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Posted on: Fri, 06/08/2001 - 8:07pm
J. Roberts's picture
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Joined: 12/13/2000 - 09:00

I myself have PA, and survived K-12 in public schools with supported neither "bans" nor "reduced risk". I also did not have an Epi-Pen until age 18. I never went into shock, and only suffered a few skin reactions (I also have an allergen count of 20802).
I support "reduced risk" to the extent that Epi-Pens should be allowed to be on the child's person at all times, and teachers, administrators, nurses, and classmates etc. should all be trained on proper administration of same. Everyone should also be well educated regarding the allergy and the ramifications of a reaction. Should a child be teasing a child with PA (generally by attempting to shove food in the PA child's mouth, etc.), then the PA child should not be punished if forced to "fight" in order to avoid having this happen (I do not advocate violence -- I do, however, believe in allowing a PA child to protect themselves from the ignorance of other children or adults).
The idea of "bans" is something I do not support under any circumstances. Expecting a school system to be solely responsible for the safety of a child who suffers PA is the same as negligent parents expecting the teachers and administrators to instill moral and family values in their children instead of doing it themselves.
The key to living with this allergy is educating not only the child with PA but all those (family, friends, teachers, etc.) with whom the child has frequent contact. The responsibility should not be completely shored upon the school. If a child has every detail of their allergy taken care of for them their entire life, when they go out into the real world (i.e., college) and have to fend for themselves with no idea of how to do so, it is asking for trouble.
-- Julie

Posted on: Mon, 06/11/2001 - 7:20am
Wilton's picture
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Joined: 12/15/2000 - 09:00

I'd like to address some of the arguments I've seen here.
"A ban would mean that all parents had to read food labels and call manufacturers"
No, a ban would mean that you can't send in or serve any product that was labelled as containing the banned allergen (peanuts, nuts, both). If it's not on the label, it's ok. Our daughter would still only eat what we sent with her.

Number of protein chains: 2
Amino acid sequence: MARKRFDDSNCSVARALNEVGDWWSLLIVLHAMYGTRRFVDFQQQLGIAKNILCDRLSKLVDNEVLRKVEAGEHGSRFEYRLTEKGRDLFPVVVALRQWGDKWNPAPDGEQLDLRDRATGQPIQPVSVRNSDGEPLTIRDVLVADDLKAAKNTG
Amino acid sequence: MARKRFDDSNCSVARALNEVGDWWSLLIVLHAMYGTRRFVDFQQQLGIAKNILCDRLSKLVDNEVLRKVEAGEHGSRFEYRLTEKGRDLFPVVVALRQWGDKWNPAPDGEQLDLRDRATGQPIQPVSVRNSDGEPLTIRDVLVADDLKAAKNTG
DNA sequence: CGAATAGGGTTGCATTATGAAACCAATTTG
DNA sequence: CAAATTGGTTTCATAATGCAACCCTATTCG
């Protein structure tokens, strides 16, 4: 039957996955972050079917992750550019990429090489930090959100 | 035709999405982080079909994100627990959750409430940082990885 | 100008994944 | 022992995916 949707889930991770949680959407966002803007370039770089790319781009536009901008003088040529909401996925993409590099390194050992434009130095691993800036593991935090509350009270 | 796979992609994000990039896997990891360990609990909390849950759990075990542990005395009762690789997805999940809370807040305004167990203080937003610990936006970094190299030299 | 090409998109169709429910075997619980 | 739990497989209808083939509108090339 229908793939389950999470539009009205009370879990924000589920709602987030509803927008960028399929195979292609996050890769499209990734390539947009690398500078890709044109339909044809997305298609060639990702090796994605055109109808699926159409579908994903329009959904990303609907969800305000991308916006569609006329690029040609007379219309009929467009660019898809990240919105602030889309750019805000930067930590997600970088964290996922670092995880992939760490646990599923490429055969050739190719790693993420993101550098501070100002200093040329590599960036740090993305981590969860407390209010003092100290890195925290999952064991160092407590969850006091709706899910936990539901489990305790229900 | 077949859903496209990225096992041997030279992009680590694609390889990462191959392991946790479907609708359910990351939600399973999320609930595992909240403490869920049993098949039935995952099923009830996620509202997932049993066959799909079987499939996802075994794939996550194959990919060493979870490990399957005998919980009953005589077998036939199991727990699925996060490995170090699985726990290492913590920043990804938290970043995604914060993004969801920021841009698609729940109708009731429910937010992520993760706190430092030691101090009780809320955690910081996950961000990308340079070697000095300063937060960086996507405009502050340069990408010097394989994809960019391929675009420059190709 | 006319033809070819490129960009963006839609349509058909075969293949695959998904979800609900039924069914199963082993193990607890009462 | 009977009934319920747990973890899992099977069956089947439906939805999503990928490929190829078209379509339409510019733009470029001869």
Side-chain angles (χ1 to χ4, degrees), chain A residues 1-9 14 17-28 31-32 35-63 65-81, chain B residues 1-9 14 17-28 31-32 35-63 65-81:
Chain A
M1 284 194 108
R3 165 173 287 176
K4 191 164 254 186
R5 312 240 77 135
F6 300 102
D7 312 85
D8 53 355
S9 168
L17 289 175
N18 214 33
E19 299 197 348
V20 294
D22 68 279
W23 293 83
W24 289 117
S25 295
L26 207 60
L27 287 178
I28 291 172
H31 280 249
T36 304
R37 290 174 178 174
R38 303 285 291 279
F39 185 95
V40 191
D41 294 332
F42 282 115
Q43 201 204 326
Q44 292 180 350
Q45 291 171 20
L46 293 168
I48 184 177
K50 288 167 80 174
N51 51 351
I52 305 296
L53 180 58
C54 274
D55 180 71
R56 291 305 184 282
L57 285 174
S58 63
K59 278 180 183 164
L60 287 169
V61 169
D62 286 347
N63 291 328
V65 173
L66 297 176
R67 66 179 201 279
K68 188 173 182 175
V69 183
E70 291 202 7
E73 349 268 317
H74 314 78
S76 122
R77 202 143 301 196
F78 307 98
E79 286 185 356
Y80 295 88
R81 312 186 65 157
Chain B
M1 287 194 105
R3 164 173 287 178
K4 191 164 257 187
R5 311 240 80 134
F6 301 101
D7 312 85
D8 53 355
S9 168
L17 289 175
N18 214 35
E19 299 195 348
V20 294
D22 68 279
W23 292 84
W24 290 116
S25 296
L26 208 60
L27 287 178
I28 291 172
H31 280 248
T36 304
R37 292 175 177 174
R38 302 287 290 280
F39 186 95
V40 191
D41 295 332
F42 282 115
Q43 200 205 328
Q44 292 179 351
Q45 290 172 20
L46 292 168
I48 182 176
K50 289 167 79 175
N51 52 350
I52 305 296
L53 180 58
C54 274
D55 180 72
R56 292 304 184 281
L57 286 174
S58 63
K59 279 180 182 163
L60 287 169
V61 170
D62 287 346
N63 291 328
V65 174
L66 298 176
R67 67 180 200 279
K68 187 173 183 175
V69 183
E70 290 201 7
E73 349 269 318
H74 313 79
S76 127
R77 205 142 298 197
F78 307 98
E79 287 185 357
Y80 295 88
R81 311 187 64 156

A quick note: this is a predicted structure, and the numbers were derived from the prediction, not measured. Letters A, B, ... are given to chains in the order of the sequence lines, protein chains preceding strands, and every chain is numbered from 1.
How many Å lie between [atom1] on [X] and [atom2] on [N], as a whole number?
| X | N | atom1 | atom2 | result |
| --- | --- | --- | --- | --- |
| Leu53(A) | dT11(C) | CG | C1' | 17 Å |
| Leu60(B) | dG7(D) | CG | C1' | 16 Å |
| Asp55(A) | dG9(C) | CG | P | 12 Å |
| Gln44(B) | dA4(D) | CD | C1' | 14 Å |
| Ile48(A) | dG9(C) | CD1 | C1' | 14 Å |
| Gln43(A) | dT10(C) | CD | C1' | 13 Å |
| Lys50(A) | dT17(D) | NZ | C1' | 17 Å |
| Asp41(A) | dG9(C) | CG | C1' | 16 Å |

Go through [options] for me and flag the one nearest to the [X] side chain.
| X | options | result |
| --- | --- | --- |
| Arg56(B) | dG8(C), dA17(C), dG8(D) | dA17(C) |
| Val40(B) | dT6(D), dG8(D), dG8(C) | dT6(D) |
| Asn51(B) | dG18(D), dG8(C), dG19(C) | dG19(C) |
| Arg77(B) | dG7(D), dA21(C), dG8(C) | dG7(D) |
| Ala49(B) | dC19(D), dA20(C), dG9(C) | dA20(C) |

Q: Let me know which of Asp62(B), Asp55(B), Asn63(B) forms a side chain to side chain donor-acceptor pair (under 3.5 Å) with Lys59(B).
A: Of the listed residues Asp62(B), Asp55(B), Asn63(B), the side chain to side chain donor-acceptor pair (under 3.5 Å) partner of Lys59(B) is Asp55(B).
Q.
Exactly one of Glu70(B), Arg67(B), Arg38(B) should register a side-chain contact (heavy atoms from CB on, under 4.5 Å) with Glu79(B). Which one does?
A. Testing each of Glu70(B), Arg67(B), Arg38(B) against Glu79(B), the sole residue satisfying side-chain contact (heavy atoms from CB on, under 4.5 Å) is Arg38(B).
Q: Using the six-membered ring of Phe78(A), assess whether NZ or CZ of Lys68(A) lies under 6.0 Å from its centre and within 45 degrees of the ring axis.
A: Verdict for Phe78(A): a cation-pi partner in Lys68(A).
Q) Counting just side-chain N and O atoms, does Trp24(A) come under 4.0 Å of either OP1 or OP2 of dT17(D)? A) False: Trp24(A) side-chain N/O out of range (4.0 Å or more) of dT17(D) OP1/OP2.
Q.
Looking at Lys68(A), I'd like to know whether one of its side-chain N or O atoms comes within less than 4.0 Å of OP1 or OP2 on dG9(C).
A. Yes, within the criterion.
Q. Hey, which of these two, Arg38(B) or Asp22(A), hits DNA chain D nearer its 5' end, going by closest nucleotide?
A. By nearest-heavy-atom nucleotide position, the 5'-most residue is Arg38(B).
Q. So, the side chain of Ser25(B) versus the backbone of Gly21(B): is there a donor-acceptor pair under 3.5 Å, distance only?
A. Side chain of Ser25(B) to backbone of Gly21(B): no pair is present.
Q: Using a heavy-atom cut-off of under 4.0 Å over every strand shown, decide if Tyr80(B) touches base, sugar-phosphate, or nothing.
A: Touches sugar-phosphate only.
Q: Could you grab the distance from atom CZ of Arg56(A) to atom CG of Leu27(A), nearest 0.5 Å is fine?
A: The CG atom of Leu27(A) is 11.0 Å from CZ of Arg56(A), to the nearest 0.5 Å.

"A ban creates a false sense of security"
The United Kingdom banned handguns, yet everyone knows there are still handguns out there. People are still cautious in bad neighborhoods and there are still metal detectors at airports. So what good did the ban do? It absolutely, positively reduced the risk that any given person on the streets of London will die from a bullet wound.
"A ban is not 100%"
As above, NOBODY expects it to be 100%. What we are talking about is a dramatic reduction in the presence of peanut proteins on the school grounds and the associated reduction in risk.
"A ban on peanuts doesn't reflect the real world"
Since when has school reflected the real world? We go to great pains to create an artificial environment for our children in which they can learn and develop. We block porn from the school's internet gateway. We subject children to dress codes. People can carry licensed handguns in the "real world", but no school will grant a child a handgun license. We feel our children should be free from the fear of random violence, from harrassment, from responsibility to earn a living, and from other real life distractions when in school. We even, in some schools, try to provide nutritious, balanced, healthy meals that they certainly don't get in the real world. We (parents, teachers, community) don't always succeed in maintaining this protective environment, but we sure as hell try.
Also, medically speaking, peanuts and nuts should definitely be banned in any setting that has children under the age of 5, when exposure of an immature immune system to potential allergens can still contribute to creating an allergy in a child that is not allergic.
"A ban places all the responsibility on the school"